Foto: Ben Omwaka

Njeri Njoroge on the lockdown in Kenya

Njeri Njoroge provides mental health care support to communities in Kenya. Since the corona outbreak, she observes that people are increasingly feeling anxious and that xenophobia is on the rise. At the same time, she sees reasons for optimism: ‘There is so much creativity and digital adaptation all over Africa. At the end of the day, human beings come together in the weirdest ways, that makes me hopeful.’

‘When I first heard about the virus in Europe, I felt for them, but I was personally feeling fine as it was not as close to us as earlier diseases have been, such as Ebola. But then it started spreading and began to dominate the news and social media. I became more anxious and concerned. I am wearing a mask and I try to practice social distancing as much as possible. Here, we say Ubuntu, “I am, because we are”.’

Police brutality and enforcement

‘In Kenya we are supposed to stay inside our houses from dusk to dawn. However, there remains a lot of activity and matatus, minivans, are still on the roads. The government instructed the police to make people comply to the curfew and this is creating problems, with episodes of police brutality. I believe it was worst in Mombasa where the police came in at rush hour and started beating people. It was terrible, I saw videos in which they kicked mothers and children with batons. Most people had not even heard about the measurements and did not understand why they were beaten.’

Information is essential

‘I work with communities and this threat shows the importance of communication and awareness. Containing measures come down to community behaviour and good practices of hygiene.’

‘There are jokes and rumours circulating. I am concerned by the xenophobic response and stigmas caused by this misinformation. In Nakuru, where I live, we had a case of a South African woman who was isolated and quarantined. She committed suicide under unclear circumstances. The woman was apparently stigmatized and attacked by people in the community. They were scared that she would pass on the virus. Unfortunately, I have heard more of such stories.’

‘People need to be more human and take care of each other. We can only defeat this virus if we fight it together.’

‘However, people don’t feel that the government is caring enough for them. The majority of people in the communities I work with, must go out to make a living. Their daily salary is not sufficient to plan and stock up. When you talk to them about social distancing and that they should use clean water and sanitizer products, it just doesn’t make sense to them, these are all privileges they cannot afford.’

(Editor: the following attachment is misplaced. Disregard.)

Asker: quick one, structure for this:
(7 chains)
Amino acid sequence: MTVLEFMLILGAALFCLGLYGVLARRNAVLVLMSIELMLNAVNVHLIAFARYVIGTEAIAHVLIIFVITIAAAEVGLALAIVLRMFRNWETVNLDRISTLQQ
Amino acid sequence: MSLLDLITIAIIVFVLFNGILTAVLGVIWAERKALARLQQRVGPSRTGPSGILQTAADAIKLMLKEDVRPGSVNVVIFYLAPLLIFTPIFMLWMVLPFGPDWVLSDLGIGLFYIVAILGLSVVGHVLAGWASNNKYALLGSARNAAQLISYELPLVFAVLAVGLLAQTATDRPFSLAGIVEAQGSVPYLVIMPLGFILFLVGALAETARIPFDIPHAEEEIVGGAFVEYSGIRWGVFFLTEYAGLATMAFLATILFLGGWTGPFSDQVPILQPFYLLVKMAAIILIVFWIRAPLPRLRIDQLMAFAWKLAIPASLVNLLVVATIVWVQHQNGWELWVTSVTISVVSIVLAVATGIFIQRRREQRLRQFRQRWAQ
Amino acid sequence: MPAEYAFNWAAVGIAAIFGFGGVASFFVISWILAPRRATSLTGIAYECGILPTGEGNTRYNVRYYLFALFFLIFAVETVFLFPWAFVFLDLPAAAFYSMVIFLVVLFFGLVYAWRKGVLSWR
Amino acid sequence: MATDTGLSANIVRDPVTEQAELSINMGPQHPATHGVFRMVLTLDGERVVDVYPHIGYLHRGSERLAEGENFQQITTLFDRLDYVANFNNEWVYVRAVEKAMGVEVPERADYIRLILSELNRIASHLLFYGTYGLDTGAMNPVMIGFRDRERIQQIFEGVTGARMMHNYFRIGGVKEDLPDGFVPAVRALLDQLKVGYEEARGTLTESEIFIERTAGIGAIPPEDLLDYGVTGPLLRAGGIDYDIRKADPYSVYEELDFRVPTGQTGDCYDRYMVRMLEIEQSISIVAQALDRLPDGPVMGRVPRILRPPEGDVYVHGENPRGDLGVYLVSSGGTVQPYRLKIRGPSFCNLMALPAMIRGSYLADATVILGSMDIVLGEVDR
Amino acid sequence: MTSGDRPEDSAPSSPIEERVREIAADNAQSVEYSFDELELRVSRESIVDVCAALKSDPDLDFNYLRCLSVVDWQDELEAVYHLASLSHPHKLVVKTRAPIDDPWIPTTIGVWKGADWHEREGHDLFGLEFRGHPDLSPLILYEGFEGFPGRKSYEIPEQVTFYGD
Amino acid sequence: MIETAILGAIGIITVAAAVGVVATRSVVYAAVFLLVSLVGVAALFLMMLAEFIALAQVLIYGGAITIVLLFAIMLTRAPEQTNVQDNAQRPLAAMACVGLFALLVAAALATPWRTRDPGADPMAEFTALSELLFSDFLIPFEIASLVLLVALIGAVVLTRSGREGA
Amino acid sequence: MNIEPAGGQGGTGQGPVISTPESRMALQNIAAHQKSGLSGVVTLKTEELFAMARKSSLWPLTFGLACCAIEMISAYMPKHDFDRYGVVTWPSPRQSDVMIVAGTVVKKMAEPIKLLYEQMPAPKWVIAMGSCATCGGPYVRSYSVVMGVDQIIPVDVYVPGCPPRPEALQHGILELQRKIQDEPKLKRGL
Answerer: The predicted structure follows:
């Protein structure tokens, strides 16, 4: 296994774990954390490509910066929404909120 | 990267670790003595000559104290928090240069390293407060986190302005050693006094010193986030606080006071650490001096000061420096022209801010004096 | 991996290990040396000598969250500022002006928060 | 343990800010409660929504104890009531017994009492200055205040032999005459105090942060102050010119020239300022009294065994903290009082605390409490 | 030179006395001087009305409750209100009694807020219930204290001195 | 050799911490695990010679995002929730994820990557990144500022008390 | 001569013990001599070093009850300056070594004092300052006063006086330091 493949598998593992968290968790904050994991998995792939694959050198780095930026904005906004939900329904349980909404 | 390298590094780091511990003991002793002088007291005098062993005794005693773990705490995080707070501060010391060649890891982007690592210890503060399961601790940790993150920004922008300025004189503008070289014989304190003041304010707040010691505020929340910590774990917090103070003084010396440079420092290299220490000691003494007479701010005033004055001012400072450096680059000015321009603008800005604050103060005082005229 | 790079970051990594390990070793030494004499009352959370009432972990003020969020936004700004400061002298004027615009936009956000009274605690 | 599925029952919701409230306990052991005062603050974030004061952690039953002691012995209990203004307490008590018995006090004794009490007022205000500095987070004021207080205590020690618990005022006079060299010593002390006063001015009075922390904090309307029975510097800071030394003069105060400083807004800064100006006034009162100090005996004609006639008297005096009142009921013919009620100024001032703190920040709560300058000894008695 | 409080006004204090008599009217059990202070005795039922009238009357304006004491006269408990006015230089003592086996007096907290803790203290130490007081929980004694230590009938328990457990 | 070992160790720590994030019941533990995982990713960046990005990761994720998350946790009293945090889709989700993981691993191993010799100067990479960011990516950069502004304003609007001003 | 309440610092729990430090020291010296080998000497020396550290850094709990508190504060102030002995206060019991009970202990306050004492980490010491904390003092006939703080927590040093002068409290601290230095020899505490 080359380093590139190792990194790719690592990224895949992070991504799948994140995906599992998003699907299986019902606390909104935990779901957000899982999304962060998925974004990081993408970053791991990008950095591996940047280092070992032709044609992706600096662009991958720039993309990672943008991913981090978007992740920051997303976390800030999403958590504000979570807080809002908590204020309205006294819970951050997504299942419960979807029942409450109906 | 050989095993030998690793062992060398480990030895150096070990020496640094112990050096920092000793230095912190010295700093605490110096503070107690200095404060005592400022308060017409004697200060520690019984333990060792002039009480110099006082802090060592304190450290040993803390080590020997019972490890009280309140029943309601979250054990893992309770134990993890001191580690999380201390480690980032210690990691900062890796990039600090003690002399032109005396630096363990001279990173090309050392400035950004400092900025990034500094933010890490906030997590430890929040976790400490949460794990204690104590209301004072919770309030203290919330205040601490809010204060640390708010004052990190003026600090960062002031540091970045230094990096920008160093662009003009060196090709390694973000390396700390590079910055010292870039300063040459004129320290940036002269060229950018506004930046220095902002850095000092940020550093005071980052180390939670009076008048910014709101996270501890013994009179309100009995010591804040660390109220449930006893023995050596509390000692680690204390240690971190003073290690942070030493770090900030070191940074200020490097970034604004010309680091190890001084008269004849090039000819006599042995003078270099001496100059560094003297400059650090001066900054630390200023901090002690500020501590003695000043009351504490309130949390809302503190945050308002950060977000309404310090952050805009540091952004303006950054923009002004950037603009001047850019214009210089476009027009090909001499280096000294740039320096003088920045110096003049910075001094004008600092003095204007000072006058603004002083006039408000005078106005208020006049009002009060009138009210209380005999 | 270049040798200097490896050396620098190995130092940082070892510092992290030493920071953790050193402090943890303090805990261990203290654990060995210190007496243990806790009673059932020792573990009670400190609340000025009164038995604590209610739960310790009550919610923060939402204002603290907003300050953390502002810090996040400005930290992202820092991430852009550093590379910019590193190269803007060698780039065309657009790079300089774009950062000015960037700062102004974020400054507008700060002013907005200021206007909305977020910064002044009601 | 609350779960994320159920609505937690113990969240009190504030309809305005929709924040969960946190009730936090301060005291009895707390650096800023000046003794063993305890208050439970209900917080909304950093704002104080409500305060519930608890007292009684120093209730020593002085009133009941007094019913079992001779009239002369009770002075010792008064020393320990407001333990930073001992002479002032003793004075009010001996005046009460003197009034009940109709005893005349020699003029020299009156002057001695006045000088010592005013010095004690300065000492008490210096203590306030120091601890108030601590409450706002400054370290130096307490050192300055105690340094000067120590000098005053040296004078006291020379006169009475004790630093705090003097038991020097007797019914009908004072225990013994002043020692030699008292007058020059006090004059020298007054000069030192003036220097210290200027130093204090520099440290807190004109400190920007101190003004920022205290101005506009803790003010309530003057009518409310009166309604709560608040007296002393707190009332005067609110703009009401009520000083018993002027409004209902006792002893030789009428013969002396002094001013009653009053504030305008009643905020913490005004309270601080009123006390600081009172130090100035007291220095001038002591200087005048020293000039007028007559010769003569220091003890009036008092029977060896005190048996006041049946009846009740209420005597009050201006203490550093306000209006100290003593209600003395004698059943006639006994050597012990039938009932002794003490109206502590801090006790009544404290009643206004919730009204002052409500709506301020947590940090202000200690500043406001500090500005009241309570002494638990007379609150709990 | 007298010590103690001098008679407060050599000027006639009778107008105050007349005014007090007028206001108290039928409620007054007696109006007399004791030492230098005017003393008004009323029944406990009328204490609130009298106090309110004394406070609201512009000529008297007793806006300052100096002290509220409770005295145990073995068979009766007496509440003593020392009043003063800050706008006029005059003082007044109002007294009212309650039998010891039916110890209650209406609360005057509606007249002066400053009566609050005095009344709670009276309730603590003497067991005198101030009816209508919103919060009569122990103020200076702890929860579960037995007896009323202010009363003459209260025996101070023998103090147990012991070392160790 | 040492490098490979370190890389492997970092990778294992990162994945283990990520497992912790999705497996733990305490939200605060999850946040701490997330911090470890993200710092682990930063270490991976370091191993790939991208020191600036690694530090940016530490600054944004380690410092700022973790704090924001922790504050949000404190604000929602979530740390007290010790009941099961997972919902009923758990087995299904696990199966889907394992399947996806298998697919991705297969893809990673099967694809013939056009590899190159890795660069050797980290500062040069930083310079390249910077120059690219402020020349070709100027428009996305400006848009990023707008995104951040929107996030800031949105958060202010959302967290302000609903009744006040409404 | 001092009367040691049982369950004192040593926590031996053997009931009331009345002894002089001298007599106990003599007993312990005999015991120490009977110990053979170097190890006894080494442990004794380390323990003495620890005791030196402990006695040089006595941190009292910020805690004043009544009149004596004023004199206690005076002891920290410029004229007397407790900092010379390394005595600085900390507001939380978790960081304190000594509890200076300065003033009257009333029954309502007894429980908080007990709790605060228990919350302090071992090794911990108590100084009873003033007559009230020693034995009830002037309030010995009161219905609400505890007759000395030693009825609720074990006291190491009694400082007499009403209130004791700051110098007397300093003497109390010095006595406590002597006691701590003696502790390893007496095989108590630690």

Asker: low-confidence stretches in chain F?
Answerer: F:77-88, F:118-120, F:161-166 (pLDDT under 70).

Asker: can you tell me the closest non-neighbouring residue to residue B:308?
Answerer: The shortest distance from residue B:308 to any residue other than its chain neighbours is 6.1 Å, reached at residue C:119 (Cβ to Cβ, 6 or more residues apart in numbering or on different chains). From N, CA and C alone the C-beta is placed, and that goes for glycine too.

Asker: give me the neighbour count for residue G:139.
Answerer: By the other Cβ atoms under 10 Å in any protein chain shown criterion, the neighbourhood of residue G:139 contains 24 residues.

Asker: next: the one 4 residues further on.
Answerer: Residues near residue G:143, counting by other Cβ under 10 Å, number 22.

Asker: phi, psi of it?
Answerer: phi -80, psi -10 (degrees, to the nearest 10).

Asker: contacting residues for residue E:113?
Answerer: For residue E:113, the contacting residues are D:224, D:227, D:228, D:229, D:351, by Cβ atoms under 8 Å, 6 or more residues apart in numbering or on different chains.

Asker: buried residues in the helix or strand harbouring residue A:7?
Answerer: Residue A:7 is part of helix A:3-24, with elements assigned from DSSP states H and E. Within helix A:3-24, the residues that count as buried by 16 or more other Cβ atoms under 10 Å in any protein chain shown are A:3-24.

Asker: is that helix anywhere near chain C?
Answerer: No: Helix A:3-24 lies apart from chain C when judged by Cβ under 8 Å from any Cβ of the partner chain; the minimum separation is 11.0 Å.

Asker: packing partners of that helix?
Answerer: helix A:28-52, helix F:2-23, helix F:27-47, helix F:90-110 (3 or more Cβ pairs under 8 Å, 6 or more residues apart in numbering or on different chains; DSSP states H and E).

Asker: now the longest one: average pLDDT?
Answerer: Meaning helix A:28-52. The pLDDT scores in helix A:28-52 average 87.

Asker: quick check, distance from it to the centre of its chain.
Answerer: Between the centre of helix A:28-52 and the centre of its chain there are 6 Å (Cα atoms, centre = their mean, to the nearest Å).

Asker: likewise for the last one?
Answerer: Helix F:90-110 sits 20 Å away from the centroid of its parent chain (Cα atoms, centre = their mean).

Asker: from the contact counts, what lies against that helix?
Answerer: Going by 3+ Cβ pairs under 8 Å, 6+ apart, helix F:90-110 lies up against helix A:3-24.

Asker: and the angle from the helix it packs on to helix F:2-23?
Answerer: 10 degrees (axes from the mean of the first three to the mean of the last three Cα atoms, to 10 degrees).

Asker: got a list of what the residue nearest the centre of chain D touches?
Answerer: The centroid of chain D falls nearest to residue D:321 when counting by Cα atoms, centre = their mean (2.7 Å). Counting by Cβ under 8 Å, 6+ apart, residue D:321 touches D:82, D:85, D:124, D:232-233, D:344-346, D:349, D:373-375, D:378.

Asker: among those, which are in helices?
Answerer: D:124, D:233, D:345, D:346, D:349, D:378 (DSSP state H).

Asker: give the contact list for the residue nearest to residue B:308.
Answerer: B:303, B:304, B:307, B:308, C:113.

Opportunity to fight inequality

‘Still, I also believe this crisis offers opportunities to raise awareness on mental health, since everybody is now experiencing distress and anxiousness.’

‘It doesn’t matter if you are rich or poor, the virus put us all at the same level. Everybody can catch it. This is about fighting inequality. We are all the same for the virus, although our options to fight it are different. This crisis is an opportunity for people to reflect on the social patterns and people’s privileges.’

‘Finally, there is so much creativity coming out of this. See what is happening in Nigeria and Kenya with the digital challenge to address covid-19 related problems and the digital adaptation and solutions that are rolling up all over Africa. At the end of the day, human beings come together in the weirdest ways, that is why I am hopeful.’

Njeri Njoroge is director of Beautiful Minds, a non-profit organization with a multidisciplinary approach to community mental health care for children and persons living with severe and enduring mental illnesses and intellectual disabilities. The organization counters stigmas and discrimination against children and persons living with mental illnesses. Beautiful Minds is also an active member of the Fight Inequality Alliance.

Photo: Empty streets of Nakuru, Kenya. Credits: Ben Omwaka


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